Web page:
> Urban Wood Utilization in Kansas City, MO, by Kevin Lapointe, city forester of Kansas City; and Tim O’Neill, owner, The Urban Lumber Company;

  > Urban Wood Certification Efforts and Carbon Content of Urban Wood Products by Katie Fernholz, Dovetail Partners;

> Wisconsin’s Guidance/Standard for Using Locally Produced Structural Lumber by Collin Buntrock, Wisconsin DNR; and

  > Virginia Urban Wood Update, Joe Lehnen, VA Department of Forestry.

The WERC is a USDA Forest Service facility located in Princeton, WV.

 

Click here to access the Spring 2018 and previous webcasts
archived by WERC.



Tree Services Magazine Focuses on Using Urban Tree Waste

The October 2017 issue of Tree Services magazine featured an article on managing urban tree waste.

“Wood Waste Considerations,” included quotes from Rich Christianson, communications director of the Illinois Wood Utilization Team about putting felled urban trees to their highest and best use. Christianson noted that tree care professionals “are on the front lines – they often know of desirable trees that are coming down because of whatever reason, whether its emerald ash borer, storm damage or utility work – so we’re trying to get them more involved.”

Read the full article.

 



Video: Pioneering Urban Wood Use in Austin

Devin Ginther and Aaron Mitchamore are co-founders of TX Urban Sawmill LLC, a newly-established company dedicated to salvaging lumber from felled urban trees in and around Austin, TX. Ginther is also owner of Refined Elements, a company that specializes in inspired natural design, live edge furniture, solid hardwood furniture and specialty lumber sales, including urban wood.

Ginther said the accompanying video kicks of a series of urban wood videos that will be throughout 2018.

TX Urban Sawmill’s motto is “Help us save Texas, one tree at a time.” The company has formed a partnership with Austin Tree Experts to help identify trees at the end of their service that have the potential to yield valuable lumber and is actively pursuing relationships with other area businesses that share the vision of repurposing urban trees as furniture and other wood products.



Every Urban Tree Tells a Story; Got One to Share?

furniture 209214

Oak/Cherry Coffee Table by Michael Dimitroff of the Chicago Park District.

Many of the urban trees that get repurposed as lumber and ultimately furniture or other wood products have a back story. It may be the backyard tree that shaded a generation or more of the same family. Or it may be the tree in the park renown for snagging kites.

There are as many potential story lines as there are urban trees. If you have one to share, we’d love to hear it. Simply send a photo or two and a short write up about the tree and how and why it was transformed into something of value for its second life. Even a handful of bullet points will suffice. We’ll do the rest and share your story with our audience on the IL WUT website and monthly Illinois Urban Wood newsletter.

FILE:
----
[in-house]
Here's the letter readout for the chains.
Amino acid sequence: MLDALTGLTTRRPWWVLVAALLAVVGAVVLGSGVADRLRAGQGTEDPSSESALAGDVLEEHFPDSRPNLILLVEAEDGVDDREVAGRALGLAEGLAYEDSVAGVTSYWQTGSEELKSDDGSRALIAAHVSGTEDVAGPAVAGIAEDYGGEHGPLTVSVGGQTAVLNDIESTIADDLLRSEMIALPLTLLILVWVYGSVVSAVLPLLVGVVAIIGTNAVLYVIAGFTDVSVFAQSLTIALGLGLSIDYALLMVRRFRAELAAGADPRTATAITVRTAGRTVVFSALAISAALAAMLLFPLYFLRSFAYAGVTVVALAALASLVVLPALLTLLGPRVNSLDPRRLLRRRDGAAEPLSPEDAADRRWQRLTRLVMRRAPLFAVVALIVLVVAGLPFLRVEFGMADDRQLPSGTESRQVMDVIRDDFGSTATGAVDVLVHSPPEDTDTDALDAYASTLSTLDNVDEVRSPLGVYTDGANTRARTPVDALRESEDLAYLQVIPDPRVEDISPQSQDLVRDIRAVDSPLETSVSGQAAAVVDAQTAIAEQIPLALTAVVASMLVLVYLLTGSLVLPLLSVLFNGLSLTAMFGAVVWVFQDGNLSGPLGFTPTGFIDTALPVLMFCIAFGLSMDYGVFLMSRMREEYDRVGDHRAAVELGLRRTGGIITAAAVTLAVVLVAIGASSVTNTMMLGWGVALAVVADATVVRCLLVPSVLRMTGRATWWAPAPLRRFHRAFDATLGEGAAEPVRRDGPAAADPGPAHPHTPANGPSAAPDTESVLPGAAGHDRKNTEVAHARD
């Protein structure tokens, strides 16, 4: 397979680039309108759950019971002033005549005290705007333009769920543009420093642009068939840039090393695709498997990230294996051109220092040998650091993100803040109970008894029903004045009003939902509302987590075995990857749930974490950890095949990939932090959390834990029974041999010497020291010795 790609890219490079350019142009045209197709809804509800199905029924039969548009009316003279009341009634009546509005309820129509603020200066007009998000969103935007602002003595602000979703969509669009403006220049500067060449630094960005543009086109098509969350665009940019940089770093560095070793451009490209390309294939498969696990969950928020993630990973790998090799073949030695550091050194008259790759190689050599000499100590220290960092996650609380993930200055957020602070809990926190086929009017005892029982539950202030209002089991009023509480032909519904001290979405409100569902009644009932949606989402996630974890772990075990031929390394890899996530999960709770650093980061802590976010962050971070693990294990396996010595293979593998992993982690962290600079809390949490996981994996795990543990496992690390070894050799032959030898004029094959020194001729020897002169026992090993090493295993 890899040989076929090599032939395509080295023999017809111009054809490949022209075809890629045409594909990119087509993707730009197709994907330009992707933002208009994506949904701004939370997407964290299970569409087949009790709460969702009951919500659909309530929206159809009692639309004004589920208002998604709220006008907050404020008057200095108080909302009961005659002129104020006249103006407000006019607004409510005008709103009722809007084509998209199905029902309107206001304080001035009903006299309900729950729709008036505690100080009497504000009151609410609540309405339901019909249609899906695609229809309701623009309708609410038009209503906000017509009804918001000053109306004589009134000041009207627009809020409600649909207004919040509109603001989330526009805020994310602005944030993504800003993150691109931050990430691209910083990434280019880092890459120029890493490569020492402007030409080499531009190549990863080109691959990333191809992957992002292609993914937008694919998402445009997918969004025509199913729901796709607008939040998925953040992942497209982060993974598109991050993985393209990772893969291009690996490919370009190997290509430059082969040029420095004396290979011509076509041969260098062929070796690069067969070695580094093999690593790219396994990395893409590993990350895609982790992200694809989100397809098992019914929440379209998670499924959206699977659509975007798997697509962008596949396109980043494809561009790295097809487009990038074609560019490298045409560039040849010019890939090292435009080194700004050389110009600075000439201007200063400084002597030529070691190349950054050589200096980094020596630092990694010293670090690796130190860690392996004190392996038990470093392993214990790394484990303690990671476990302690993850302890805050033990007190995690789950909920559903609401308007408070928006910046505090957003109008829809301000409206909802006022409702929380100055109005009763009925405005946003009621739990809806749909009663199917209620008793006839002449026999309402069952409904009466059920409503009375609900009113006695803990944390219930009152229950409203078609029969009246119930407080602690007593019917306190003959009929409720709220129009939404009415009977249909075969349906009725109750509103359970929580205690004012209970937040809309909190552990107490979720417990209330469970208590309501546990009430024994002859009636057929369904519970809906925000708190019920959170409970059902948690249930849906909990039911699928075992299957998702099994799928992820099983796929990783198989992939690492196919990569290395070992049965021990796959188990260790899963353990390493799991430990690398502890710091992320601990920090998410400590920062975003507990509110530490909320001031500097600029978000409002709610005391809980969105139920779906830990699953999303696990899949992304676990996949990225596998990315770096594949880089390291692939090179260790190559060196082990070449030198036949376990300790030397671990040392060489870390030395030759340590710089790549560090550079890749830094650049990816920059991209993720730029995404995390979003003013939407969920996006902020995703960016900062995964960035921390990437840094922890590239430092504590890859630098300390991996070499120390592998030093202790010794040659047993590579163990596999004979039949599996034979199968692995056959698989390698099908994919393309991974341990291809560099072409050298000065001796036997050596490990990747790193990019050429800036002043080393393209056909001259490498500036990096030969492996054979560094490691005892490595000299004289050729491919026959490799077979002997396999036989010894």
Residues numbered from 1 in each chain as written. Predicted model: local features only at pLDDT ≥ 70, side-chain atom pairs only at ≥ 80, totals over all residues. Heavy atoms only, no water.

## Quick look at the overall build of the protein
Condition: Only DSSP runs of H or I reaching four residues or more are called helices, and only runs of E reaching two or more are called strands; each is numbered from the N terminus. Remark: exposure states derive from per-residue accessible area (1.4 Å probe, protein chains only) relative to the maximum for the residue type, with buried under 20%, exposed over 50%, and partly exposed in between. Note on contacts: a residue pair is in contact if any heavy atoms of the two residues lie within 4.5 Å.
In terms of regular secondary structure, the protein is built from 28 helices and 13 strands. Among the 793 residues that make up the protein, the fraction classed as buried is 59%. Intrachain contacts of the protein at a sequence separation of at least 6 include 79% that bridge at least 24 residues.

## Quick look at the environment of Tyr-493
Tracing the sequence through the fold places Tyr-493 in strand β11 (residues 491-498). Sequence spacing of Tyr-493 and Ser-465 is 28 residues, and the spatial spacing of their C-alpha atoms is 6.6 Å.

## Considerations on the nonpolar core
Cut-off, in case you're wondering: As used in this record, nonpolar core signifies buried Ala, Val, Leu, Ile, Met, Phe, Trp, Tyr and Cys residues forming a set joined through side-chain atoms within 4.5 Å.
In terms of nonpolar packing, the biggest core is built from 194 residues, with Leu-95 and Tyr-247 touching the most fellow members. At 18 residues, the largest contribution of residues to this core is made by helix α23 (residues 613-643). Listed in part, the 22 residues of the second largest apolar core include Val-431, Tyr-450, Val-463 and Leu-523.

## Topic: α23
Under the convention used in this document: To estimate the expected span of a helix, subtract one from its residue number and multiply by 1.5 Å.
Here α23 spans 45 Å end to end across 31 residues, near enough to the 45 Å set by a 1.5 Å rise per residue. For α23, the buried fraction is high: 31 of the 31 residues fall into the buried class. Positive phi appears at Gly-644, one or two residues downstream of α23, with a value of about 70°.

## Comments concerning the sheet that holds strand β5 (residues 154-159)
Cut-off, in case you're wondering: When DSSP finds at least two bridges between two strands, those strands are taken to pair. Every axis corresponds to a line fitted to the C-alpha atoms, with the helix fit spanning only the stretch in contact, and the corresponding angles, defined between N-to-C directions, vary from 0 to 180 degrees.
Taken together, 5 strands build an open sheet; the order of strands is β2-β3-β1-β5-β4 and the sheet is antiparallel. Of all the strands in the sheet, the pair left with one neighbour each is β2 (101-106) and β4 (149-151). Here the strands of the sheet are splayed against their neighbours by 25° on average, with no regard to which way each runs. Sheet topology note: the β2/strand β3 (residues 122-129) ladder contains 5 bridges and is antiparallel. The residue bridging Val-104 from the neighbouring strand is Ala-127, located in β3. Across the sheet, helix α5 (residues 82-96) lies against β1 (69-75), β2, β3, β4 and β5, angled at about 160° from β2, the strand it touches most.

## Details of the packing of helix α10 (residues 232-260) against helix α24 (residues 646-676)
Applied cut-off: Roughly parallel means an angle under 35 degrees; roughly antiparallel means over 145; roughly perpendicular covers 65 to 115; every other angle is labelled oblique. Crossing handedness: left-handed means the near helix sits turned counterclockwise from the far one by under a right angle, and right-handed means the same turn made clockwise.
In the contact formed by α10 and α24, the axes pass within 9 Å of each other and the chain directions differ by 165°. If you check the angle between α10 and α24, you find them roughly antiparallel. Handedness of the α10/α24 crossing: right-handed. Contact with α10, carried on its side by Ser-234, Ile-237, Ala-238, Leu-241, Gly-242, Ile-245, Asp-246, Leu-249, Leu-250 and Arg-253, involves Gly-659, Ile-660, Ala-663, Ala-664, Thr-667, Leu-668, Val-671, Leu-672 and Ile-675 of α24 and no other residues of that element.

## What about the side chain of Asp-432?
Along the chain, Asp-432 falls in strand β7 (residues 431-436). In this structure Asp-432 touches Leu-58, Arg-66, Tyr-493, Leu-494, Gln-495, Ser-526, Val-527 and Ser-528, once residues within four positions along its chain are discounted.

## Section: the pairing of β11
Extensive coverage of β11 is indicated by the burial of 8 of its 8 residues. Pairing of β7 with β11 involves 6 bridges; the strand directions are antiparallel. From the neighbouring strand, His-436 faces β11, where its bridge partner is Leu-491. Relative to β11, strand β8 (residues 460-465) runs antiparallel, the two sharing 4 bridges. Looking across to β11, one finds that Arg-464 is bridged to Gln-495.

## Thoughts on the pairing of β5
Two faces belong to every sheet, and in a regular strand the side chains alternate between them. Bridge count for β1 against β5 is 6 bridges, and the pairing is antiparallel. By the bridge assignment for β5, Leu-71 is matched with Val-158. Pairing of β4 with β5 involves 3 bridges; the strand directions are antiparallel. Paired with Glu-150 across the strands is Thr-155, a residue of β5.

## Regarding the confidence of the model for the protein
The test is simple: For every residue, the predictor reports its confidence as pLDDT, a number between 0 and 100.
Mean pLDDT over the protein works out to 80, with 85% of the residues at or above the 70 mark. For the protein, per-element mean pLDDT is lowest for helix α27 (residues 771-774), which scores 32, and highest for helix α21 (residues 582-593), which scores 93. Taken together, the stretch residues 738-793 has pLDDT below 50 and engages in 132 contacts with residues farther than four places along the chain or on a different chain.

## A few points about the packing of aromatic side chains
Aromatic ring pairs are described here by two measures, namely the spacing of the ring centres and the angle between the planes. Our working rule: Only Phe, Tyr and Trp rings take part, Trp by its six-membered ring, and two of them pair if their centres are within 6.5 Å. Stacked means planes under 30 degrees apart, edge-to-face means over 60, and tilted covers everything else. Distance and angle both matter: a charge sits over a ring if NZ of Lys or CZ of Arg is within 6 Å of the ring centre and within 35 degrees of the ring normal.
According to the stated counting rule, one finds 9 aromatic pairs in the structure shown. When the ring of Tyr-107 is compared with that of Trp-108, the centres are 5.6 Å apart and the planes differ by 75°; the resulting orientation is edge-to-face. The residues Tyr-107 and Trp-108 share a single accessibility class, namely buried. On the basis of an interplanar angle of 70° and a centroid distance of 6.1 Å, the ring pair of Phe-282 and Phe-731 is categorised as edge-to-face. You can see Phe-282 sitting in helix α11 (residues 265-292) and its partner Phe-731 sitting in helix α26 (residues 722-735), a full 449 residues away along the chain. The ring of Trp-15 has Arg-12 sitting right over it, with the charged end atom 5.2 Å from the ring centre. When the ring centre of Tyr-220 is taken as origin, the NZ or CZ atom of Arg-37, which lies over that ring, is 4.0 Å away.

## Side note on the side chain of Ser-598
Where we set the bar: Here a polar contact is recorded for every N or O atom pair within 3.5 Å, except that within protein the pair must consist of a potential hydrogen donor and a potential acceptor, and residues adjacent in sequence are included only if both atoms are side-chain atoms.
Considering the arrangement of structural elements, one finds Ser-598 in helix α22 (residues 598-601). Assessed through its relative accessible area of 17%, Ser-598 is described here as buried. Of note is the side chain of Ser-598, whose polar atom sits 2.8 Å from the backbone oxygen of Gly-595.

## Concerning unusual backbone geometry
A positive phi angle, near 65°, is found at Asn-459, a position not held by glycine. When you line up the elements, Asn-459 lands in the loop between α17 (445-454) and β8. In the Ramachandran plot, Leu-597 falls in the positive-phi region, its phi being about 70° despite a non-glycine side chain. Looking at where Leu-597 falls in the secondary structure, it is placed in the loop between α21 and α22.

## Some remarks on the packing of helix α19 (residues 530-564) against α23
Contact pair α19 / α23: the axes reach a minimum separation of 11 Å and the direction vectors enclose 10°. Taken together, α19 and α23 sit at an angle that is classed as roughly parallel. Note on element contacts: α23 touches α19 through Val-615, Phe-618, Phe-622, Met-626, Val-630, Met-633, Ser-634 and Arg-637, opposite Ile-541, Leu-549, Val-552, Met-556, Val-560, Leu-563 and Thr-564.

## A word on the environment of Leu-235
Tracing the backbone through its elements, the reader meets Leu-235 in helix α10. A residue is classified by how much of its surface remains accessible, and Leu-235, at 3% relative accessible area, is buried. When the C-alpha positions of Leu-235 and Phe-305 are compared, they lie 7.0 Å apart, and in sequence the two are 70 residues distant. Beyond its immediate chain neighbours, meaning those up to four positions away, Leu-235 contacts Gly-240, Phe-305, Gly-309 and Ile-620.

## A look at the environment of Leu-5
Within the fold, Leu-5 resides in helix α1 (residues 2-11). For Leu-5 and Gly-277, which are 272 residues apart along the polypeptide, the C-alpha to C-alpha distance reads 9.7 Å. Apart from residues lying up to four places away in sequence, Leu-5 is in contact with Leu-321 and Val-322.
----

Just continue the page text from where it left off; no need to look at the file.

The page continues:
Direct your urban tree tale to Rich Christianson at richc.illinoisurbanwood@gmail.com.

Let’s aspire to inspire others how to put urban trees at the end of their life to their highest and best possible use!



Cook County Forest Preserves’ Tree Repurposed for Unique Award Plaques

By Cherie LeBlanc Fisher

In July 2017, Chicago Wilderness presented its first-ever Force of Nature Awards to 10 people and organizations doing outstanding work on behalf of the environment across the region. The physical awards given to the recipients were as unique and special as the awardees themselves and a remarkable example of wood reutilization.

Each award plaque is a large “tree cookie” with the bark left around the outer edge. The tree came from a Forest Preserves of Cook County site.

Forest Preserves of Cook County sign shop foreman Roy McNaughton designed and created them by hand. Each is about the size of  a large dinner plate: roughly 12 inches in diameter and approximately 1.5 inches thick. Each award is unique in shape, color and wood grain.

McNaughton began the transformation by using a belt sander to smooth the rough, chainsaw-cut organic surface of each cookie. Since both sides would display text for the final awards, McNaughton said they required multiple passes with various grits of sand paper to create a smooth surface. He then sealed the wood with numerous coats of clear urethane. The Chicago Wilderness logo and text were printed on a clear vinyl laminate and an additional layer of clear gloss laminate was applied to seal and protect the text. The adhesive-backed graphics were carefully cut and transferred to each cookie.

The back of each award received another laminate sheet that reads, “The Chicago Wilderness Force of Nature Awards recognize people and organizations whose environmental conservation, restoration, advocacy, and/or educational activities extend above and beyond the ordinary and are inspirational examples for others.”

McNaughton estimated that it took him about 60 hours to create all 10 award plaques. The Forest Preserves of Cook County, one of the lead partners in the Chicago Wilderness alliance, generously donated the tree from which the cookies were cut plus Roy’s time, tools and labor to create the awards.

I had the pleasure to emcee the Chicago Wilderness awards ceremony at the Chicago Botanic Garden in July. Recipients were delighted with the tree cookie plaques and eager to display them at their respective organizations.

Learn more about Chicago Wilderness’ 2017 Force of Nature & Excellence in Ecological Restoration Program.

Cherie LeBlanc Fisher works for the U.S. Forest Service Northern Research Station. Her current projects include the Forest Service’s Urban Forest Inventory program to collect tree and land use data in the Chicago region. She also participates in the Chicago Region Tree’s Initiative’s Tree Stewardship and Planting Team.